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    #1

    They finally reached the coast after five weeks sailing.

    Hello.

    Cambridge Dictionaries Online - Cambridge University Press
    They finally reached the coast after five weeks sailing.

    Shouldn't weeks be weeks'?

    Thank you.


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    #2

    Re: They finally reached the coast after five weeks sailing.

    Quote Originally Posted by Daruma View Post
    Hello.

    Cambridge Dictionaries Online - Cambridge University Press
    They finally reached the coast after five weeks sailing.

    Shouldn't weeks be weeks'?

    Thank you.

    That's a good observation. I would say yes and no. It depends on how one reads the sentence. I'm certain there will be those who disagree with me, and I can understand why. However, I think one can view this in two ways. Here's how I explain it.

    They finally reached the coast after sailing for five weeks.
    They finally reached the coast after five weeks sailing.

    We can read these two sentences as "sailing" being strictly an action not belonging to "five weeks".

    They don't mind me using their sailboat. no possession of using - just an action
    They don't mind my using their sailboat. - possession of "using" - not very usual, but correct - and a good example to contribute to my explanation here

    They finally reached the coast after five weeks of sailing. - Sailing belongs to five weeks .
    They finally reached the coast after five weeks' sailing. Sailing is possessed by five weeks.


    It might be surprising, but many native speaker writers forget about - or don't even think about - using an apostrophe in an example such as this. I'm not saying that one shouldn't. This is just an observation.


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    #3

    Re: They finally reached the coast after five weeks sailing.

    By the way, I believe in being attentive to details in writing. And this apostrophe is an important detail. However, in the example sentence posted here from Cambridge Dictionaries, I don't think leaving out the apostrophe in this particular sentence is going to make or break good writing.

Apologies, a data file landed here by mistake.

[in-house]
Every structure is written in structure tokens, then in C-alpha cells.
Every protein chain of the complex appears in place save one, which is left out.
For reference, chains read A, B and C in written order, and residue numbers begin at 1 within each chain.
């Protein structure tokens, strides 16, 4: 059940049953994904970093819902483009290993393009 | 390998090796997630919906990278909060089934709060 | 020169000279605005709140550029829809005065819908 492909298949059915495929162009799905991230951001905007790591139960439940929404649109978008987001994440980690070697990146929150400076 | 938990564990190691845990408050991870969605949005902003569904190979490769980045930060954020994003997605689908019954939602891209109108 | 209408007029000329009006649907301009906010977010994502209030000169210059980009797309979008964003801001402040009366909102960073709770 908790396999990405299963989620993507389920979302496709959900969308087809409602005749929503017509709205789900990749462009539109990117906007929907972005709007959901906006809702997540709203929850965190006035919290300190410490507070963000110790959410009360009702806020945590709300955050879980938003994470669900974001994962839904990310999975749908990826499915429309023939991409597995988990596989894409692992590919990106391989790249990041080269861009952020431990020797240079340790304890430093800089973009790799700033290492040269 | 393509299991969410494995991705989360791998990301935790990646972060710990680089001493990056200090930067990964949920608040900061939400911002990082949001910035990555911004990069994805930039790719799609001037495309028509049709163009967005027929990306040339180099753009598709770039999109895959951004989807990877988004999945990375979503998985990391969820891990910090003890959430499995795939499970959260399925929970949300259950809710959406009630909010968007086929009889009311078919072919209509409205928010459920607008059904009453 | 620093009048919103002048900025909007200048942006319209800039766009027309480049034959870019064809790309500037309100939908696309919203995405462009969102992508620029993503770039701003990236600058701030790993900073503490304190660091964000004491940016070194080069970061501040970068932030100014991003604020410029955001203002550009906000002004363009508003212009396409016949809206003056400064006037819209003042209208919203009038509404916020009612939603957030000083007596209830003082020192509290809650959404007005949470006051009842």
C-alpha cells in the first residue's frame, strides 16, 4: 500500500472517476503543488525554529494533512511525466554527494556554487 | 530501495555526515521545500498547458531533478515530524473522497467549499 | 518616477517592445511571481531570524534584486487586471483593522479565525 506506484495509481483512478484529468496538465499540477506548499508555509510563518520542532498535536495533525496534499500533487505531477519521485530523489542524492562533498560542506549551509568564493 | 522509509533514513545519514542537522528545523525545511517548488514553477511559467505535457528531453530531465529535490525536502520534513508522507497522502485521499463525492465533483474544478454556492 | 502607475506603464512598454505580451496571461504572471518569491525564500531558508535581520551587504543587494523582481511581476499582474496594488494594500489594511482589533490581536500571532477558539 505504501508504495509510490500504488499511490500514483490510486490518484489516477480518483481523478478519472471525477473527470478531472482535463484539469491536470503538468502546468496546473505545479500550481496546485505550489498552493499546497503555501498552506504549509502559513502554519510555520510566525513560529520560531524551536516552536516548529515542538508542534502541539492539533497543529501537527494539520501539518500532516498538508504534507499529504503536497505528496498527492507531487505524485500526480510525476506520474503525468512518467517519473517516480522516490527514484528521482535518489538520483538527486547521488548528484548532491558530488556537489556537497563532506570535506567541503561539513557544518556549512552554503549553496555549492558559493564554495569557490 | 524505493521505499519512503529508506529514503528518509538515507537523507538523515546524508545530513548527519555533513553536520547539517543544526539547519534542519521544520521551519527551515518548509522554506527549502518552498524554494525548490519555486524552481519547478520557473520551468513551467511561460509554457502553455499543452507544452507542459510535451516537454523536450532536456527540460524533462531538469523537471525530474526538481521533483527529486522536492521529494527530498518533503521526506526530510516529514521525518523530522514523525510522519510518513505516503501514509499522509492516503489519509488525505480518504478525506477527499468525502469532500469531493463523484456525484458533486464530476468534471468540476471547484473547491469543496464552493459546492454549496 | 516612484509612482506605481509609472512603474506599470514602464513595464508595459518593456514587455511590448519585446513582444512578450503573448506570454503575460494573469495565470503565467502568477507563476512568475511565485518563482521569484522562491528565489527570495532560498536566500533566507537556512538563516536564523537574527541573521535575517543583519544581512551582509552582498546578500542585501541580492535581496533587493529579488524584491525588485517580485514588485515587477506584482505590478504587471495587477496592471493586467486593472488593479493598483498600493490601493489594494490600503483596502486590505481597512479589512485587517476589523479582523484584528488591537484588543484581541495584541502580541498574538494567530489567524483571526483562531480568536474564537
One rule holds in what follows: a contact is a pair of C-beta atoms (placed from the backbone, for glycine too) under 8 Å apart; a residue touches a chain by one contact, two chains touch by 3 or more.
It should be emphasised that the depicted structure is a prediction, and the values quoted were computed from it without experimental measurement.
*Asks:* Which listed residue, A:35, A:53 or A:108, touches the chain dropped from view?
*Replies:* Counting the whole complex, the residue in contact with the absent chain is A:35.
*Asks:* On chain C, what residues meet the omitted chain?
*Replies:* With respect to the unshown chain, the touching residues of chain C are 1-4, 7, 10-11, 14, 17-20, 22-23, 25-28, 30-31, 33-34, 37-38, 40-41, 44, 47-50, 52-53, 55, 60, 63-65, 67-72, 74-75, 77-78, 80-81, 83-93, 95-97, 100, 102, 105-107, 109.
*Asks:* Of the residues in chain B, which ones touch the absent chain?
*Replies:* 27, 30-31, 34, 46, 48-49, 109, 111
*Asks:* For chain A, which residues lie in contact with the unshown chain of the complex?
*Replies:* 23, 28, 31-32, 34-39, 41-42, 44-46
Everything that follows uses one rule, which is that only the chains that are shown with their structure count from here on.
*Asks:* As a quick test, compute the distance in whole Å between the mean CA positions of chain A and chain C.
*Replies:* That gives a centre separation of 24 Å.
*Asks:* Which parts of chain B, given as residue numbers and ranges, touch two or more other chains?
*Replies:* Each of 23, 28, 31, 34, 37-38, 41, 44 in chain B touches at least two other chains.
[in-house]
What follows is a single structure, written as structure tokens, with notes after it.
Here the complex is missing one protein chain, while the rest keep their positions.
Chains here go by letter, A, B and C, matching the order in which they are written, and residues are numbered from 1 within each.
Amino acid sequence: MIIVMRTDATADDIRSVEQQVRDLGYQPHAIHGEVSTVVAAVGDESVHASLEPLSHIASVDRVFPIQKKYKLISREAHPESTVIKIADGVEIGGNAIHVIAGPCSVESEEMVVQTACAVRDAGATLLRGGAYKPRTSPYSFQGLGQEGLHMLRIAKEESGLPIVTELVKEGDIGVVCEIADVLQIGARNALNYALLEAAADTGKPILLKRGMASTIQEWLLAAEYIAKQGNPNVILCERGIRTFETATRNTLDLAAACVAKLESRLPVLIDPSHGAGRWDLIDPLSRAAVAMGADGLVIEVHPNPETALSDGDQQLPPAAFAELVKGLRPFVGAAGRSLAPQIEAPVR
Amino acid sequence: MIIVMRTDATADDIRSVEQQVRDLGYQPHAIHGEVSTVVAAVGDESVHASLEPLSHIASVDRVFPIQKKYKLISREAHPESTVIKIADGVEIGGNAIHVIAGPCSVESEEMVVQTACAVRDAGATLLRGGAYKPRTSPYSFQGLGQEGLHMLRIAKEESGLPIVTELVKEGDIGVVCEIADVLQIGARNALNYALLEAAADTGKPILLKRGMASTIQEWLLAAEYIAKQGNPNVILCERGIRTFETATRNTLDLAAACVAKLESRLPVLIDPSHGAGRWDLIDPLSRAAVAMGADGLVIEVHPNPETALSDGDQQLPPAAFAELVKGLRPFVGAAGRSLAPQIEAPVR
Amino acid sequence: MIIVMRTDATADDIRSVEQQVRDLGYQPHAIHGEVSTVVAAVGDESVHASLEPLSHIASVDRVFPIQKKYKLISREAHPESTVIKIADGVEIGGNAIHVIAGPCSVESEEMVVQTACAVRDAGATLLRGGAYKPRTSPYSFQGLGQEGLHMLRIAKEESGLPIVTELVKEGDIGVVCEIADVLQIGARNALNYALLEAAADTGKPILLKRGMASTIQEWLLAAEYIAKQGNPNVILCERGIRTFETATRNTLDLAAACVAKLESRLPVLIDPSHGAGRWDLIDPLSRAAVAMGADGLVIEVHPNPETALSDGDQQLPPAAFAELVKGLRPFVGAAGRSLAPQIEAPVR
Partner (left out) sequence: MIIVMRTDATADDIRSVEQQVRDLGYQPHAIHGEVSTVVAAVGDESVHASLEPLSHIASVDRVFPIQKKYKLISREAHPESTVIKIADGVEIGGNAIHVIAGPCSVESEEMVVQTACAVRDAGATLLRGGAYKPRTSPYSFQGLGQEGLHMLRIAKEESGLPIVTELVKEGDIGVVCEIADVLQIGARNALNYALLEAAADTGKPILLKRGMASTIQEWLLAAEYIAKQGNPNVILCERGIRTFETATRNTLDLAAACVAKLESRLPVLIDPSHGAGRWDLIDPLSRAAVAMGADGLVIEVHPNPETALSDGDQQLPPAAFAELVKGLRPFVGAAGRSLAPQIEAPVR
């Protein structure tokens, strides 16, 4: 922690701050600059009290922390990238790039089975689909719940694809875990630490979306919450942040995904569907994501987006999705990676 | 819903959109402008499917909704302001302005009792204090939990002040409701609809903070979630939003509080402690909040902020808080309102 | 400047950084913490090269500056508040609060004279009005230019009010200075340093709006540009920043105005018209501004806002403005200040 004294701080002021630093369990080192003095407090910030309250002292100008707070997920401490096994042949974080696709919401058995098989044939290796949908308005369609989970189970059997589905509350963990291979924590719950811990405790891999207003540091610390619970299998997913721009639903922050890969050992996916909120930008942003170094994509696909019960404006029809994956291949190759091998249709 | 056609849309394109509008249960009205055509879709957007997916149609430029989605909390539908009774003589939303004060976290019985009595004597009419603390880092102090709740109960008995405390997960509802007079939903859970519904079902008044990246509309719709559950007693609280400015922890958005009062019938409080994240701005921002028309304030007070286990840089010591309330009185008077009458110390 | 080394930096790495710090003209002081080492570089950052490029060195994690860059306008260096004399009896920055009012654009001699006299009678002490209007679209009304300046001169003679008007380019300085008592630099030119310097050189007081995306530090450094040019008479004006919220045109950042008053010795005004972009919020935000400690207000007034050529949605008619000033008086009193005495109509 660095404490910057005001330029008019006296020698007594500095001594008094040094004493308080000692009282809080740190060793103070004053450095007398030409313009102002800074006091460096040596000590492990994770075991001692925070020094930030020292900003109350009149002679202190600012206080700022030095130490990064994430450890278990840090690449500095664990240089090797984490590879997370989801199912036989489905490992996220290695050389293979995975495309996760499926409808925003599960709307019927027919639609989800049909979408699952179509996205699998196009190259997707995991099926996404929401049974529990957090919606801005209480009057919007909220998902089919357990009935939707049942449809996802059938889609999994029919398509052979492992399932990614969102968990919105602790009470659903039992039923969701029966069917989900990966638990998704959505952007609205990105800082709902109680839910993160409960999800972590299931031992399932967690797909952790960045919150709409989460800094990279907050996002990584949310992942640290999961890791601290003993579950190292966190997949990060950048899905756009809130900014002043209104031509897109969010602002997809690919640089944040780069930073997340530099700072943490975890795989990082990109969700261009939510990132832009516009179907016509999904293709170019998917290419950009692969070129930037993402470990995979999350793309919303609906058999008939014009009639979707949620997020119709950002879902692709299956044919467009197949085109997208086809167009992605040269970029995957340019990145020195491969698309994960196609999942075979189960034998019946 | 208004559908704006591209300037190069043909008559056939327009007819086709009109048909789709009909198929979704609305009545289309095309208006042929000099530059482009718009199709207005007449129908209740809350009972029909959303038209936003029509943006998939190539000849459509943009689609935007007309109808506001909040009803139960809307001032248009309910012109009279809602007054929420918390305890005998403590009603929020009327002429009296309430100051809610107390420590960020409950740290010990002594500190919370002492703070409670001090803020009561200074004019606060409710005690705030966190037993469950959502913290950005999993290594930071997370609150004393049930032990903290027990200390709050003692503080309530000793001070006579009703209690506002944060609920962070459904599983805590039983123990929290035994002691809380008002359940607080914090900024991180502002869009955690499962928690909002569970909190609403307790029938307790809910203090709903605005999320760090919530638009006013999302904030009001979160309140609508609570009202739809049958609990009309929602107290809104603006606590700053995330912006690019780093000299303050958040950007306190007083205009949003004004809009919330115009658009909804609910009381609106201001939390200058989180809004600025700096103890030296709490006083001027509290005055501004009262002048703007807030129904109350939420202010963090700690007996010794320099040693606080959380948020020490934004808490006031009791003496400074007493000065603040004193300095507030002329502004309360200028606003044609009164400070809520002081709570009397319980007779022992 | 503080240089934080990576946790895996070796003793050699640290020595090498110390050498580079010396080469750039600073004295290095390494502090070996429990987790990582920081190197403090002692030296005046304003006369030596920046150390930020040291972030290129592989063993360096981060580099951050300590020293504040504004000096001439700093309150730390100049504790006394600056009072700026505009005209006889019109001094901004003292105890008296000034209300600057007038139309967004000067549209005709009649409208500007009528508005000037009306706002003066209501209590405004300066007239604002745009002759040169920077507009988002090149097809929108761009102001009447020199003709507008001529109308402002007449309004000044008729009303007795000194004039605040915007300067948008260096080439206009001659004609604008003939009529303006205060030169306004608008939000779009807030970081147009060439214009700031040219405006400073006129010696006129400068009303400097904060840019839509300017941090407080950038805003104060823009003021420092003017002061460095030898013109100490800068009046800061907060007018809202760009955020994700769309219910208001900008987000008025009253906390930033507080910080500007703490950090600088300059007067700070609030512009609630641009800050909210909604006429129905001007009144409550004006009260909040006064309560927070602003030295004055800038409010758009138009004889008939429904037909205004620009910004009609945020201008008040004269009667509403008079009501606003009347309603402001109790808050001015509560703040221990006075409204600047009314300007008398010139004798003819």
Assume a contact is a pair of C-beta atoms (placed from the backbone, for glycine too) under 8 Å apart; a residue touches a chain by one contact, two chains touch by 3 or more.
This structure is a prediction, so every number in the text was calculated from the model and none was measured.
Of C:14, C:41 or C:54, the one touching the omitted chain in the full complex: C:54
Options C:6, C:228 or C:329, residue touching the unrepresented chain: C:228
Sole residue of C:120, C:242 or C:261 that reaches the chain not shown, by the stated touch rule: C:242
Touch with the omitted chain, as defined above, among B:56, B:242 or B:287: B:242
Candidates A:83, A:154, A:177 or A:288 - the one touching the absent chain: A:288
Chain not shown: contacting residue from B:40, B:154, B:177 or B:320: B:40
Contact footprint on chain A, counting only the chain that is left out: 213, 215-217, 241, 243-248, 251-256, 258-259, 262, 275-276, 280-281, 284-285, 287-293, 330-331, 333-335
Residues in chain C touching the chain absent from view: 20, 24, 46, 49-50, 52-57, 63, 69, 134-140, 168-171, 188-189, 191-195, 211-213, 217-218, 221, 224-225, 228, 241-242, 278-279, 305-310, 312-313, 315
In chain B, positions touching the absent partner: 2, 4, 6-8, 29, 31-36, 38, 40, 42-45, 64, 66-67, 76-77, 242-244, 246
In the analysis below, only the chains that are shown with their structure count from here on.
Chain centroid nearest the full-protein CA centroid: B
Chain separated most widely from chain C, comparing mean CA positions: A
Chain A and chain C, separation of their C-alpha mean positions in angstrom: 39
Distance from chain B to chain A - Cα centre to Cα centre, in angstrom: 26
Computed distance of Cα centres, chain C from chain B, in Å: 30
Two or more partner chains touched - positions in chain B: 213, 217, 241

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    #4

    Re: They finally reached the coast after five weeks sailing.

    Quote Originally Posted by Daruma View Post
    Hello.

    Cambridge Dictionaries Online - Cambridge University Press
    They finally reached the coast after five weeks sailing.

    Shouldn't weeks be weeks'?

    Thank you.
    This is a very common dilemma. I tend to leave out the apostrophe unless it is very obvious that it's necessary. (Maybe I'm one of PROESL's natives who don't even think about it sometimes)
    I would use it in "That's three days' wages", because the wages 'belong' in some way to three days. But the sailing doesn't necessarily 'belong' in this way to 'five weeks'.
    This is sometimes very subtle, and I don't blame natives for getting this one wrong at times.

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    #5

    Re: They finally reached the coast after five weeks sailing.

    Quote Originally Posted by Raymott View Post
    This is a very common dilemma. I tend to leave out the apostrophe unless it is very obvious that it's necessary. (Maybe I'm one of PROESL's natives who don't even think about it sometimes)
    I am normally fairly fussy about these apostrophes, but in this case I agree it is not necessary here, at least on one reading.

    It is perhaps clearer if we compare the singular:

    After a year sailing around the Pacific (a year in which we sailed...)
    After a year's sailing around the Pacific (sailing... to the tune of one year)

    Both correct, in my books.

    (PS - I think the construction without the apostrophe is more natural when "sailing" has some kind of additional material with it. I think Daruma's original example is more naturally read as the other kind of construction, the one that does want an apostrophe. I don't know why.)
    Last edited by orangutan; 19-Aug-2009 at 17:31. Reason: Adding PS


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    #6

    Re: They finally reached the coast after five weeks sailing.

    Do you say They finally reached the coast after a five-week sailing?

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    #7

    Re: They finally reached the coast after five weeks sailing.

    Quote Originally Posted by Daruma View Post
    Do you say They finally reached the coast after a five-week sailing?
    I don't think that is idiomatic. A five-week voyage, or even perhaps a five-week sail (?) would work.


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    #8

    Re: They finally reached the coast after five weeks sailing.

    Quote Originally Posted by Daruma View Post
    Do you say They finally reached the coast after a five-week sailing?
    It's unusual, though in a technical sense one could say it's correct.

    What makes it unusual is that we don't often - or ever - use the ing form of "sailing" as the object of a preposition. What did you think of the sailing? - mmm ... I don't know. I wouldn't use "sailing" as the object of a preposition.

    We would use "sailing" as a subject, as in "Sailing is fun." In this case, "sailing" is a gerund because it is a subject - a verbal noun.

    We normally use "sailing" as an adjective, so we can say, "They finally reached the coast after a five-week sailing trip." In this sentence "sailing" is a participle used as an adjective.

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